Few musicians are as inextricably linked to Madison as Butch Vig, who gained a massive following thanks to his work as a musician, the creation and operation of Smart Studios, and cultivating a legacy as a legendary producer. Spooner, a Madison band that Vig joined as a drummer in the ’80s, recently uploaded Wildest Dreams to Bandcamp for the first time. Many see the 1984 record as the roots-indebted power pop band’s classic. There’s a plaintive drawl to the release, not too far removed from Elvis Costello, but it’s counterbalanced by moments of attention-piquing experimentation, like the chaotic rolling piano figure that opens “Eyes of the World.” On the titular, penultimate track, there are Tom Petty-esque adornments that lean into dusty Americana throughout the verses, eventually erupting into a distinctly ’80s yearning. Wildest Dreams is both a product of its time and a timelessly artful example of smart songwriting.
In theory, when we hear projects release music, we should be able to discern how they’re learning or progressing. In practice, that’s only occasionally true. Plenty of acts stagnate or aspire to repeat a formula that previously brought them success, whether they’re conscious of it or not. Red Pants, though, has improved with every new outing, allowing listeners to track their growth with a rare degree of cognizance. Impressively, the project’s never put out anything disappointing or underbaked. When We Were Dancing finds Jason Lambeth teaming with Elsa Nekola (Treefort) to establish a new high watermark for the solo project. Hazy, Yo La Tengo-ish psych-pop dominates When We Were Dancing, but keeps the record on a deliberate pace, teasing out unexpected highs as it rolls along.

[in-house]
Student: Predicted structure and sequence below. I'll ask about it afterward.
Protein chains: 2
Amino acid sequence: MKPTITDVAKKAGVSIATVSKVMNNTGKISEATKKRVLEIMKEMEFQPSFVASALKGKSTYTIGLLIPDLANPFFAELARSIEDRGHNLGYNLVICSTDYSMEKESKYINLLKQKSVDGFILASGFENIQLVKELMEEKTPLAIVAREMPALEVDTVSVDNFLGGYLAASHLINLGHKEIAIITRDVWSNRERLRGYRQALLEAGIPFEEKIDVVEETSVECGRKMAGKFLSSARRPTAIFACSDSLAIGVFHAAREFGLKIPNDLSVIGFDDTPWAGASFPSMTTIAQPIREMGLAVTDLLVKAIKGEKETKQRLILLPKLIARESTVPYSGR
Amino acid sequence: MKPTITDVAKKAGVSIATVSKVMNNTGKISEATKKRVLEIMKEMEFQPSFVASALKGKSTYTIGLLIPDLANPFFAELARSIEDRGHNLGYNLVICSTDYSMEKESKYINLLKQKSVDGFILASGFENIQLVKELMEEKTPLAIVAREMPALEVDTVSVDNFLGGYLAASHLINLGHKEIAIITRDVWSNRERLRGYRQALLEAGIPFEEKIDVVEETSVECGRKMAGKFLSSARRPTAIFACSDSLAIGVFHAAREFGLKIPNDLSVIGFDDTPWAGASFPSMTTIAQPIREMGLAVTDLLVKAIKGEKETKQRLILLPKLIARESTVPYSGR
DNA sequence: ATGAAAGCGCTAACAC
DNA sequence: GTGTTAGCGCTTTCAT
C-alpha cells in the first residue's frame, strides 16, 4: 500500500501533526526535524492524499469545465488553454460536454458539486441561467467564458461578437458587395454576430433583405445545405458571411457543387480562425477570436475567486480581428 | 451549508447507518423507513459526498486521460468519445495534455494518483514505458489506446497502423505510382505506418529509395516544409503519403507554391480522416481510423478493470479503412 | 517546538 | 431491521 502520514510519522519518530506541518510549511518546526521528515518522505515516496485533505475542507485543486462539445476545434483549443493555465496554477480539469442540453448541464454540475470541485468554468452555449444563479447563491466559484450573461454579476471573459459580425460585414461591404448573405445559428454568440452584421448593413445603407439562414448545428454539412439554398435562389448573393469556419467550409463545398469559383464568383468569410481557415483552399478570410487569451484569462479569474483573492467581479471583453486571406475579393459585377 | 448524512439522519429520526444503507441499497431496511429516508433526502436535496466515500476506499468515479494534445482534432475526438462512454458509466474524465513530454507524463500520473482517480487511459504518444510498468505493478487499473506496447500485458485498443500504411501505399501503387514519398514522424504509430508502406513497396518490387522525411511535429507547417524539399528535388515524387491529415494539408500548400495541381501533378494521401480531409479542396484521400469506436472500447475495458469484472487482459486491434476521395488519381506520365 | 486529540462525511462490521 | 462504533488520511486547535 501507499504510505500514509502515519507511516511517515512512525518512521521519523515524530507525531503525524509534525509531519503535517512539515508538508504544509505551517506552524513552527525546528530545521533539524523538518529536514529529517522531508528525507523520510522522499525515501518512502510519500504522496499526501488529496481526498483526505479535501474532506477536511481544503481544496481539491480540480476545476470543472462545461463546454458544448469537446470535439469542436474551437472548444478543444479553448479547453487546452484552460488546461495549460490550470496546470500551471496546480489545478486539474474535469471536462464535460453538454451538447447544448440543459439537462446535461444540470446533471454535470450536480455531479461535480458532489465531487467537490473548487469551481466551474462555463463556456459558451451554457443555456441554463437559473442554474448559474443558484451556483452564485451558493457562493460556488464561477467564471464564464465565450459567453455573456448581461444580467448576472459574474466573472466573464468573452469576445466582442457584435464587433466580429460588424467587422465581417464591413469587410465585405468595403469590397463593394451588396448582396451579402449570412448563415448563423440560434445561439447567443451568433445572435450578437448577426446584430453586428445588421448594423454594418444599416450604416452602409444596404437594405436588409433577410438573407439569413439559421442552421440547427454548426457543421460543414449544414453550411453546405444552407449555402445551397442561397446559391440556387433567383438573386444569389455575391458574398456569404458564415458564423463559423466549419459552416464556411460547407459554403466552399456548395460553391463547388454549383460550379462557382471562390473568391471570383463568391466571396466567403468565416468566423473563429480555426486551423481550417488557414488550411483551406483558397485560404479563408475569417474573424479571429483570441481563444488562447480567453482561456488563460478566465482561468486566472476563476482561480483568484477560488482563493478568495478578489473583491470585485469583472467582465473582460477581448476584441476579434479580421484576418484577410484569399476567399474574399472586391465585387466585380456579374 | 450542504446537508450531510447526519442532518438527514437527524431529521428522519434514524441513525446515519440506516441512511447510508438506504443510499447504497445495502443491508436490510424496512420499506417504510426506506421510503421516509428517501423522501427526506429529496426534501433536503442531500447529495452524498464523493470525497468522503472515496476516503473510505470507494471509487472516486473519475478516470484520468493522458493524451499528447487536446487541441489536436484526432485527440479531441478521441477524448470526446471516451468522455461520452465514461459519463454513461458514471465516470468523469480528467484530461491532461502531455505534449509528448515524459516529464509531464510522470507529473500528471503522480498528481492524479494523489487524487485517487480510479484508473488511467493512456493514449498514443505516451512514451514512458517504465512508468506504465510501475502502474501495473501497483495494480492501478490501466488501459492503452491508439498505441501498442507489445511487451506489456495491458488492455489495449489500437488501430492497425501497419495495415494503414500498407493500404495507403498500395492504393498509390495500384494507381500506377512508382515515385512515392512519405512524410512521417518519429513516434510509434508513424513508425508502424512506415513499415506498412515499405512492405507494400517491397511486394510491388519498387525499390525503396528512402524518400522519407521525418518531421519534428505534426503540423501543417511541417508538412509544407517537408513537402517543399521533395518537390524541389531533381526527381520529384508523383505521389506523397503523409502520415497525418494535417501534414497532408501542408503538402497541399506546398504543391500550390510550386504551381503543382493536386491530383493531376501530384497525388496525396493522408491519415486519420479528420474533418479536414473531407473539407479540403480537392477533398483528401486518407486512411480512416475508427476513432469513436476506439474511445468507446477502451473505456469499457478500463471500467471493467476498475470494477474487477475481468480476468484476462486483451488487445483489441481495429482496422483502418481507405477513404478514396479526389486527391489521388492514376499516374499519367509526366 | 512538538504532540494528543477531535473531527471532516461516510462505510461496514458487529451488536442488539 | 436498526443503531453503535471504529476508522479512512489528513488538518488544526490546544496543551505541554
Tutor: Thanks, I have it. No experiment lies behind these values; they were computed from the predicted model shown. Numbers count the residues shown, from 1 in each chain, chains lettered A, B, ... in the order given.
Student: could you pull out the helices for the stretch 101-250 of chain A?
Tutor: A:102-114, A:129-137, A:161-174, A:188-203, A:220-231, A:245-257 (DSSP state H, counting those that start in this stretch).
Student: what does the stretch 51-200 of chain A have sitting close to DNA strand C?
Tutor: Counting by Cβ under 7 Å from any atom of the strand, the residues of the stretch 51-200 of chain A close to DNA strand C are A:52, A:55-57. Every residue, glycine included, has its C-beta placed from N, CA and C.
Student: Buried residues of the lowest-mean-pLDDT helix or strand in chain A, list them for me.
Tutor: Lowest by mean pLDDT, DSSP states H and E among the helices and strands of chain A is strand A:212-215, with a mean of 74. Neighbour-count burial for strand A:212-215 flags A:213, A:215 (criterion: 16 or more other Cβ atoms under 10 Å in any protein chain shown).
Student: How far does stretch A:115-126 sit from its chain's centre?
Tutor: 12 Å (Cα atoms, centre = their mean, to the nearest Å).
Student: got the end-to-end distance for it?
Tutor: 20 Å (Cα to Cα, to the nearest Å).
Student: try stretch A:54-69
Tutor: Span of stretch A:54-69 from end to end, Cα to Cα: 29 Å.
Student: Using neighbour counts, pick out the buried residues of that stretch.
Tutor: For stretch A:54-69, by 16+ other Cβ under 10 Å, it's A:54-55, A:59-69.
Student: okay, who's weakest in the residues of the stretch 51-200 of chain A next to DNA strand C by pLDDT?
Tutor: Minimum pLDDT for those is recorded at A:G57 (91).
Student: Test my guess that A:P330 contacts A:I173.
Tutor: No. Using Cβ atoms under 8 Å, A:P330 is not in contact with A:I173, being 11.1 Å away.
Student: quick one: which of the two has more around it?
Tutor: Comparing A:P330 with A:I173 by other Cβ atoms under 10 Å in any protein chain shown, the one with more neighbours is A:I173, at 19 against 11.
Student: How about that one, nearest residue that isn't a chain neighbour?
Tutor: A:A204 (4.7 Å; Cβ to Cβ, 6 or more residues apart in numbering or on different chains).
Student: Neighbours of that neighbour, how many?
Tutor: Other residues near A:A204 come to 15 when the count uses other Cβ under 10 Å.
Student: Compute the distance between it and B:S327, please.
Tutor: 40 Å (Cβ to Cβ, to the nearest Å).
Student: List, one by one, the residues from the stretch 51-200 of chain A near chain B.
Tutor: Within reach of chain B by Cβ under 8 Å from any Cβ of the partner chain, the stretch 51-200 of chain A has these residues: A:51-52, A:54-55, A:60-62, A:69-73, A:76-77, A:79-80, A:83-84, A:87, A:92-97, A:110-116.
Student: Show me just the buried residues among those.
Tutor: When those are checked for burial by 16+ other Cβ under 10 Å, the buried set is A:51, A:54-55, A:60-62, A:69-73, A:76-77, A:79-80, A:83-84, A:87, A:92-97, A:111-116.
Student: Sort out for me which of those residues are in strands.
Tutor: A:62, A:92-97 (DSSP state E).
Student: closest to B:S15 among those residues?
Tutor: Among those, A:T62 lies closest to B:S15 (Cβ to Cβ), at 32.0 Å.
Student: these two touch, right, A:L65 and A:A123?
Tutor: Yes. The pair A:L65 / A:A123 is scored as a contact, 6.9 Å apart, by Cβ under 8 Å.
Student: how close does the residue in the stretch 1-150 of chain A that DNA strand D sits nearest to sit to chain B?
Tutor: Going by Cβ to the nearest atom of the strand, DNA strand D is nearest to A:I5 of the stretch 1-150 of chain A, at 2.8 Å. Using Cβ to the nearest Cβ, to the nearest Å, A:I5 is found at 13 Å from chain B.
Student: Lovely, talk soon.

This is our newsletter-first column, Microtones. It runs on the site on Fridays, but you can get it in your inbox on Thursdays by signing up for our email newsletter.